The Patent Shaft Steel Works Limited - Closure

A group of Patent Shaft employees, possibly at a presentation of long service awards. Sidney Rickards is on the far right of the third row from the front, the one looking down. Some of them signed their names on the back of the photograph, they are Vick Hill, T. Burton, J. Powner, A, Adams, E. Davies, G. Knowles, L. Jones, J. E. Wright, G. Richards, G. Hewitt, C. W. Boden, W. R. Watson, and five others which are indistinct. I think they are G. Collins, A. A. Finsby, E. Hewitt, P. Kelly, and one other which I cannot read. The photo was kindly sent-in by Janice Cox, daughter of Sidney Rickards.
It looked as though the mid 1970s development scheme would secure the company's future for some time to come, but sadly this was not to be. The Patent Shaft was now the leading producer of steel plate in the United Kingdom, after the British Steel Corporation, but world-wide demand for the product fell, and prices tumbled.

In the immediate years after the completion of the development scheme, Patent Shaft broke even, both in 1976 and 1977, and even made a profit in 1978, but things went very wrong in 1979 resulting in a loss of more than £2 million. There was a lot of competition due to the availability of cheap foreign steel plate, and volatile prices for the scrap metal needed to feed the electric arc furnaces. Most of the Patent Shaft's steel plate was sold to the heavy engineering industry, which had suffered from a lack of orders for several years.

The outlook was grim. It was feared that a similar loss would be made in 1980 because the world-wide demand for steel plate for shipbuilding, heavy engineering, and construction was at an all time low. The Laird Group's main interests were in railways, bus companies, and engineering, and so the decision was taken to close the group's loss-making steelworks at Wednesbury, which resulted in the loss of 1,500 jobs.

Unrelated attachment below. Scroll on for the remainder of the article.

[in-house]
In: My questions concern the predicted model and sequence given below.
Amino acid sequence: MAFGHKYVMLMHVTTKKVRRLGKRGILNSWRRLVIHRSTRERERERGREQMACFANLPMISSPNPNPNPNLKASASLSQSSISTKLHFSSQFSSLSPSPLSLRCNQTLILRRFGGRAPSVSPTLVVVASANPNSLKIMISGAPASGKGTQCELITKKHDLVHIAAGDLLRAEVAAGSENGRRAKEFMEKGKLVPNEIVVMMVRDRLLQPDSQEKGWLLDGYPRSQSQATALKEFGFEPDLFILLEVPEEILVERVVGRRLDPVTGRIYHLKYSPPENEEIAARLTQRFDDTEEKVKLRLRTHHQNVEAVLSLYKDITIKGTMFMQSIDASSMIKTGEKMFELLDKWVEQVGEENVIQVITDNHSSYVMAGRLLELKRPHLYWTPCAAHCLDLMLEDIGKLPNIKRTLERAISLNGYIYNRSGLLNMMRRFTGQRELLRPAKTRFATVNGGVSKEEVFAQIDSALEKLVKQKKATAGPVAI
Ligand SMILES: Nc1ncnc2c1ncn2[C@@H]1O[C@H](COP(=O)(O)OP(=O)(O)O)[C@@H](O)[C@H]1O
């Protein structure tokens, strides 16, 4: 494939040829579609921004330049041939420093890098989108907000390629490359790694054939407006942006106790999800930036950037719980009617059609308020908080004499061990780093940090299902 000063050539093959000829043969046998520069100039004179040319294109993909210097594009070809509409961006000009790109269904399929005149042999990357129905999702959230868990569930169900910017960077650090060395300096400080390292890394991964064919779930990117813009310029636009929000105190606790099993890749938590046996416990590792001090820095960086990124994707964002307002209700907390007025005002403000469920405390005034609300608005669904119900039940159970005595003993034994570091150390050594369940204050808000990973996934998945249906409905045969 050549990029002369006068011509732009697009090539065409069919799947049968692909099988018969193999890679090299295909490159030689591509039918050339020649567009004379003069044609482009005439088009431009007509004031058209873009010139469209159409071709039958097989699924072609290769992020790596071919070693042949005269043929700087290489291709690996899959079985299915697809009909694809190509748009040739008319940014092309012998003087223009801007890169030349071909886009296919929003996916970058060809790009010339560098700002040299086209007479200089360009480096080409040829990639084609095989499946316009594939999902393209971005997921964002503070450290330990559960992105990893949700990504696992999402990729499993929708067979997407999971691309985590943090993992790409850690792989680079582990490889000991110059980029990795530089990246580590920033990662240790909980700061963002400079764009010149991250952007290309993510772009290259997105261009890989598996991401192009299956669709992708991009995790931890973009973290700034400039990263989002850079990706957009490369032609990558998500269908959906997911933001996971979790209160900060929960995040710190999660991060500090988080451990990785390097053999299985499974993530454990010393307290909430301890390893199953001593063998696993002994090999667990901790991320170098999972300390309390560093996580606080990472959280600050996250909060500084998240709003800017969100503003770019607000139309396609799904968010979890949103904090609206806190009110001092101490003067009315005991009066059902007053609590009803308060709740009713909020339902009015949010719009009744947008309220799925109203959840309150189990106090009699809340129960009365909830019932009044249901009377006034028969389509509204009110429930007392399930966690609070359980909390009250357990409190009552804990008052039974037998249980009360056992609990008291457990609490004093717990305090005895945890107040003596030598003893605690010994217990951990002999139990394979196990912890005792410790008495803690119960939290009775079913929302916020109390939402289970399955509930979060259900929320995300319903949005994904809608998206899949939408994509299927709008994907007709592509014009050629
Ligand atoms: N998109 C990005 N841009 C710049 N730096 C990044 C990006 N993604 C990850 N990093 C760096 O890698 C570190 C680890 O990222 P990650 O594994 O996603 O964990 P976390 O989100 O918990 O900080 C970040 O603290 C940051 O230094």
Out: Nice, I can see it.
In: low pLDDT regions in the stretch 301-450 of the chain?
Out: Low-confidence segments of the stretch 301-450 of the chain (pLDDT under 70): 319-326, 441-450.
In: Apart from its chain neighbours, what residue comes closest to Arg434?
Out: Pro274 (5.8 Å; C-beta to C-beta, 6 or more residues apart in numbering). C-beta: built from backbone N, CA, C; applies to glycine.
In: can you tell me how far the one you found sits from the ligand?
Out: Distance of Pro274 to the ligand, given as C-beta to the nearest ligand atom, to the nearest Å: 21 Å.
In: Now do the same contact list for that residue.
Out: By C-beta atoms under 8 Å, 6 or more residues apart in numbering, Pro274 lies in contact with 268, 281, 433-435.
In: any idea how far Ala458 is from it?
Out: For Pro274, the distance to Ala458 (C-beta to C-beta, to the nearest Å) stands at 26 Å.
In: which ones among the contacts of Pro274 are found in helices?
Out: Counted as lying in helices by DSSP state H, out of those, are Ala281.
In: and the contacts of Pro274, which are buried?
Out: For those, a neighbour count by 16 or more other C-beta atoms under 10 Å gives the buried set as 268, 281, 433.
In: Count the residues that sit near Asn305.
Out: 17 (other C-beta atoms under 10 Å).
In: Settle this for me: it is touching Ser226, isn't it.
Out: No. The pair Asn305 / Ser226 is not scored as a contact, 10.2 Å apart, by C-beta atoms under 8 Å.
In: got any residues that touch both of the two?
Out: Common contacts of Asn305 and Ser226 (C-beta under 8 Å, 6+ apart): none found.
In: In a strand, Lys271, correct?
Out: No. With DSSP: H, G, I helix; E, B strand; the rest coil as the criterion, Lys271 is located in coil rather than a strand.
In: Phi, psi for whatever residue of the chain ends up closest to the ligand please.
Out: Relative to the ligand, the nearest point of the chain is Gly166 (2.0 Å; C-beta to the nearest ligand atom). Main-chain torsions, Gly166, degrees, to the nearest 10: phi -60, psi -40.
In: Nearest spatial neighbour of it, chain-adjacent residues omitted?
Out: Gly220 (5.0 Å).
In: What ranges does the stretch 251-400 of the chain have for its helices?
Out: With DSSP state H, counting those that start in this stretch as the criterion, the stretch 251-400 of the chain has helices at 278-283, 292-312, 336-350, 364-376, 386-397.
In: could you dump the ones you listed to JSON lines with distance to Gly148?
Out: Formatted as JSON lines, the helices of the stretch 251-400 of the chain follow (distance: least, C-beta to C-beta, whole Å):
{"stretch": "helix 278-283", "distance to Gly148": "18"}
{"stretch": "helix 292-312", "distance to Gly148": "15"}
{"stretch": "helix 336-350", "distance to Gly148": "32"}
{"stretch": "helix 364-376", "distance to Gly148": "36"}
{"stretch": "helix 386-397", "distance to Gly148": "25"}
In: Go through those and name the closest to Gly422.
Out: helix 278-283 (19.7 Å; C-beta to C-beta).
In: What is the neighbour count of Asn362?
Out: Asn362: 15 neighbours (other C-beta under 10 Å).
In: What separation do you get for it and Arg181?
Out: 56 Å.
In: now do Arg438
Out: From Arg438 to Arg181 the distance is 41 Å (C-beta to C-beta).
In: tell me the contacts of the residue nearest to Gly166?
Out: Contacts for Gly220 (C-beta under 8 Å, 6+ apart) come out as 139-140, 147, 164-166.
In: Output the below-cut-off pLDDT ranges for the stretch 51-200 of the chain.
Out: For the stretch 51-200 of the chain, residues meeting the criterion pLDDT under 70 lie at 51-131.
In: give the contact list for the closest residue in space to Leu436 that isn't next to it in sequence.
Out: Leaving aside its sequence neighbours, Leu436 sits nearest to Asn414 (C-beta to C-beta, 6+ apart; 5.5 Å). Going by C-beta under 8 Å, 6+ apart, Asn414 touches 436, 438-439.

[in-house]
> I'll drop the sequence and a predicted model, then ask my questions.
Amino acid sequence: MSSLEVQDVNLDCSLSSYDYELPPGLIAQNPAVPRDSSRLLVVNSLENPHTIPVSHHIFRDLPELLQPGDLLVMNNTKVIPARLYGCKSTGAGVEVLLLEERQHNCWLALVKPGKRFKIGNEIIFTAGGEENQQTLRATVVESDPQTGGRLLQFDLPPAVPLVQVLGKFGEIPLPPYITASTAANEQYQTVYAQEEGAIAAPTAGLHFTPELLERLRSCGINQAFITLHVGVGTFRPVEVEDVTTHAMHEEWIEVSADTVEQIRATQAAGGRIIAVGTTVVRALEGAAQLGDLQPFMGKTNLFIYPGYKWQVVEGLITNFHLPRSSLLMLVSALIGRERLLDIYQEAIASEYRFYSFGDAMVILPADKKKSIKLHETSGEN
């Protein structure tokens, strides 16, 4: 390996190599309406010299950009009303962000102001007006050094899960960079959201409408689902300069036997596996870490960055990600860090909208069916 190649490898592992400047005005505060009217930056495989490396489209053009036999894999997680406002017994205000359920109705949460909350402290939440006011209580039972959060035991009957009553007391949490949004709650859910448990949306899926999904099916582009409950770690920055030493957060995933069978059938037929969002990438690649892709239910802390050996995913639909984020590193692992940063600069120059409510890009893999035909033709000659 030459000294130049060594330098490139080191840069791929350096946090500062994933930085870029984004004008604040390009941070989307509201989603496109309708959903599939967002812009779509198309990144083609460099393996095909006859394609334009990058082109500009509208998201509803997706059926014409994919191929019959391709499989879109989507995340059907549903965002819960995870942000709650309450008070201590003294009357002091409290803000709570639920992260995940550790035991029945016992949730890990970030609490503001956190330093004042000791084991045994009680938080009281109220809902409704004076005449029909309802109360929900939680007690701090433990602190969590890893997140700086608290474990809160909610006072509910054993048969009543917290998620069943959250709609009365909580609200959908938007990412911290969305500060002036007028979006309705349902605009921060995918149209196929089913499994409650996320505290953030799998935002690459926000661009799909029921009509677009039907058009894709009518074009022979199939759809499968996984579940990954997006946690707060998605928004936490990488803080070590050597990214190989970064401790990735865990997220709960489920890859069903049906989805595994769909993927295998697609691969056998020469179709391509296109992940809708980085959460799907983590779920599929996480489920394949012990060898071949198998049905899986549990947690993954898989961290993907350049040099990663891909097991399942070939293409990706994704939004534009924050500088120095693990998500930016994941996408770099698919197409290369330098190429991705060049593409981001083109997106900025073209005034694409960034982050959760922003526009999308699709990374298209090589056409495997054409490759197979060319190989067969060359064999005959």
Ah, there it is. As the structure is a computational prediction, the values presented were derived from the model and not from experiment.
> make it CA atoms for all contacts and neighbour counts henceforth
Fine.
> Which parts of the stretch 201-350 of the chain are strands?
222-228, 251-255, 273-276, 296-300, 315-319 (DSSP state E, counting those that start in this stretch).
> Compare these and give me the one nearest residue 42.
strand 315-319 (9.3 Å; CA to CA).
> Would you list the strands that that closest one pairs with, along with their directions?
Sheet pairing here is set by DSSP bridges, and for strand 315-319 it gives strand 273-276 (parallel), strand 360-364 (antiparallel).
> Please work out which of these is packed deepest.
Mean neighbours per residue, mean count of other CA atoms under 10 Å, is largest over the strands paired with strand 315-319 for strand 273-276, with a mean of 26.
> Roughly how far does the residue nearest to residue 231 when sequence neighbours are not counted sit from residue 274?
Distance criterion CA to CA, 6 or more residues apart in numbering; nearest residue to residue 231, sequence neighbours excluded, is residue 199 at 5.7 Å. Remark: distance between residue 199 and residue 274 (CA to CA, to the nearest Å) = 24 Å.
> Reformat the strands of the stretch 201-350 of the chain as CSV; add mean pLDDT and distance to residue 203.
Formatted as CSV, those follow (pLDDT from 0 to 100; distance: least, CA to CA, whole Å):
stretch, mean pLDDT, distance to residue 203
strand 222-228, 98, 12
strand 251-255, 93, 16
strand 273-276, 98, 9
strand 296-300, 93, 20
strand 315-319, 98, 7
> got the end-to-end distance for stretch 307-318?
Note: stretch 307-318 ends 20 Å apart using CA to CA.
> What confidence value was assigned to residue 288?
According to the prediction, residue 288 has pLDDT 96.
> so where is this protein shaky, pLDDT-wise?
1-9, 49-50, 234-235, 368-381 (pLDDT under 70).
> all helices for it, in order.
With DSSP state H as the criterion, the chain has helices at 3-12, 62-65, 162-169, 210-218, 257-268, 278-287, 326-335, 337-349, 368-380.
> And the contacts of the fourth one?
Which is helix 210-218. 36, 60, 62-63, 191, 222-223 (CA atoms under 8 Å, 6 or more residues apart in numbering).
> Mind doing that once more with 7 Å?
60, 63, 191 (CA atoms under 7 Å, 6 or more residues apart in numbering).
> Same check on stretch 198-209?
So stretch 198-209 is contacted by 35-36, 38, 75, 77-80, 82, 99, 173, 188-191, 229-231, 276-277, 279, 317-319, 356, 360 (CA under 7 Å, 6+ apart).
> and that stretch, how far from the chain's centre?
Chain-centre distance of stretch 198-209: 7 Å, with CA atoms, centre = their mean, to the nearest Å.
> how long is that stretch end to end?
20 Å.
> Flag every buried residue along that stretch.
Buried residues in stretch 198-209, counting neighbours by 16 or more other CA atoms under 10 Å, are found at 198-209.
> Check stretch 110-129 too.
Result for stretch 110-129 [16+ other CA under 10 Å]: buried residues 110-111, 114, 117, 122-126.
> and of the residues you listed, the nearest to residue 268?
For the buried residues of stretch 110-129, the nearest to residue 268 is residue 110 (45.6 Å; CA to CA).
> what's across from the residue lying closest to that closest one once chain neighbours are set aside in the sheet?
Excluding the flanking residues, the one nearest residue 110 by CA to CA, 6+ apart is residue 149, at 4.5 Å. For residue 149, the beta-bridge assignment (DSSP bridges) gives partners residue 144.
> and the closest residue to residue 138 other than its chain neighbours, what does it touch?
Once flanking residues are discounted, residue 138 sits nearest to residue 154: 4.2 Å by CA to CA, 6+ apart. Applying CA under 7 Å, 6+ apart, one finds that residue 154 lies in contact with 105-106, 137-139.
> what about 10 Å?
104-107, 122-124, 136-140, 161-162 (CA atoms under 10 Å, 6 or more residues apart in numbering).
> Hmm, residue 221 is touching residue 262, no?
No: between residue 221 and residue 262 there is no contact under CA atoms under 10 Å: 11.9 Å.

The Patent Shaft's workforce was informed of the impending closure in late 1979 after efforts to find a buyer had failed. January 1980 was a good month for the company in terms of sales, but this was the first month of the steel strike which initially only affected nationalised companies. When the strike spread to the private sector, production at Patent Shaft also ended. Although it briefly started again, the last cast at the factory took place on 17th April, 1980.

The last cast at Patent Shaft Steelworks on 17th April, 1980, from G Furnace. Courtesy of Peter Carter, who was Steel Plant Manager at the time. It was an extremely sad event for all the steel plant workforce.
The factory closed, and in October everything was sold at an auction, held at the works on 7th, 8th, and 9th of the month.

The heavy plant sale catalogue.

Another of the sale catalogues.

From the Express & Star. Monday 6th October, 1980.

It was a sad time for Wednesbury. Due to the recession, many of the local manufacturers were struggling to survive, and unfortunately many of them have since disappeared. The closure of the Patent Shaft was a big blow for the town. The factory buildings were demolished in 1986, when the once important local landmark disappeared for good.

The "Wednesbury Alps". The spoils heaps from open cast coal mining on the former Patent Shaft site in the early 1990s. Courtesy of Brian Groves and John Hellend.

The old Patent Shaft gates in the early 1990s. Courtesy of Brian Groves and John Hellend.

I must thank Peter Carter, who was Steel Plant Manager at Patent Shaft, for his help in producing this section.

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in the Late 1970s
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